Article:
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A metal sphere of radius $R$ carries a total charge $Q$. What is the force of repulsion between the northern hemisphere and southern hemisphere?

In this problem you consider the force per unit area on the surface of the northern hemisphere and then add it up basically: You get the average electric field as$$ \frac{1}{2}(E_{\text{outside}} + E_{\text{inside}}) ~=~ {E_{\text{average}}} ~=~ \frac{1}{2}\frac{1}{4 \pi \epsilon_0}\frac{Q}{R^2}\hat{r} \,,$$because of the symmetry the horizontal components cancel for the force per unit area you get $f_{z} = {\sigma \left(E_{\text{average}}\right)}_{z}$ where $\sigma = \frac{Q}{4 \pi R^2}$. Then the total force on the northern hemisphere is$$ F_{z} ~=~ \int f_{z} \, \mathrm{d}a ~=~ \int_{0}^{2 \pi} \int_{0}^{\frac{\pi}{2}} \left(\frac{Q}{4 \pi R^2}\right)\frac{1}{2}\left(\frac{Q}{4 \pi \epsilon_0 R^2}\right) \cos{\theta} \, R^2 \sin{\theta} \, \mathrm{d} \theta \, \mathrm{d} \phi ~=~ \frac{Q^2}{32 \pi R^2 \epsilon_0}. $$

Question: Are the forces of repulsion on the northern hemisphere a result of only the charges from the southern hemisphere while there is symmetric cancellation from charges in the northern hemisphere, or is the force on each unit area in the northern hemisphere due to the whole sphere?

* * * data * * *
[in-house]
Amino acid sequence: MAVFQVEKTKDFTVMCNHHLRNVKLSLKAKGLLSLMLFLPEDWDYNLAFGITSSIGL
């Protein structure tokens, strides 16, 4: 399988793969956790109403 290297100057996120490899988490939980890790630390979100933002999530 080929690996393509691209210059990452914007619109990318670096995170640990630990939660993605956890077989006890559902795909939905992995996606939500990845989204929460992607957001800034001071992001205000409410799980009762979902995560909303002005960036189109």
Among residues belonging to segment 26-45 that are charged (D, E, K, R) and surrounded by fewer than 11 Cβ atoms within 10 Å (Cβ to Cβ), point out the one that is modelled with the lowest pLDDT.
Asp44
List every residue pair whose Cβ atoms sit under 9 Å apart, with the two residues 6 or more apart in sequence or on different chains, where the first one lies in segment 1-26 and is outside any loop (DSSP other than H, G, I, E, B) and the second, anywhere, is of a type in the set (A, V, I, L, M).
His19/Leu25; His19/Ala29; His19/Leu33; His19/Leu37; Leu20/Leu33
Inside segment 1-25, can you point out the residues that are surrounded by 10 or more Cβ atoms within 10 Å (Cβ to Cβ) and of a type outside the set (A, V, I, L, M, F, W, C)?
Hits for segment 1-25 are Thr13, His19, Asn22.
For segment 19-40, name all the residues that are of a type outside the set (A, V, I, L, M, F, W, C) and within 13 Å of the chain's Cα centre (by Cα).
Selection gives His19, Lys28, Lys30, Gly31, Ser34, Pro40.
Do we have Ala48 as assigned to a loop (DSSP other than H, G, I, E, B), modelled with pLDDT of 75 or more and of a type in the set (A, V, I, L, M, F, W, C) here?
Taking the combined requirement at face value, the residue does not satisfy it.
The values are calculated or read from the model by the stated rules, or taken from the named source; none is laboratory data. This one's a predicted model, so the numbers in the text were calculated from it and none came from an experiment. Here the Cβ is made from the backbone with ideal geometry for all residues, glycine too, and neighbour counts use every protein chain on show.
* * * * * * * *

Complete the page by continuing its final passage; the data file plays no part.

The way the question is worded seems to suggest that the answer is the first case, i.e. that the force on the northern hemisphere is due completely to the southern hemisphere.

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  • $\begingroup$ Possible duplicate : Find the net force the southern hemisphere of a uniformly charged sphere exerts on the northern hemisphere: physics.stackexchange.com/q/23071 $\endgroup$ – sammy gerbil Jul 29 '16 at 13:46
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I recognize that problem from Griffiths's Introduction to Electrodynamics. The net force on the northern hemisphere is due entirely to the southern hemisphere but that's not to say that there are no forces that parts of the northern hemisphere exert on other parts of the northern hemisphere, there are such forces. If you take away the southern hemisphere, the northern hemisphere isn't going to propel itself anywhere---all of its forces cancel each other out as you should know from introductory physics.

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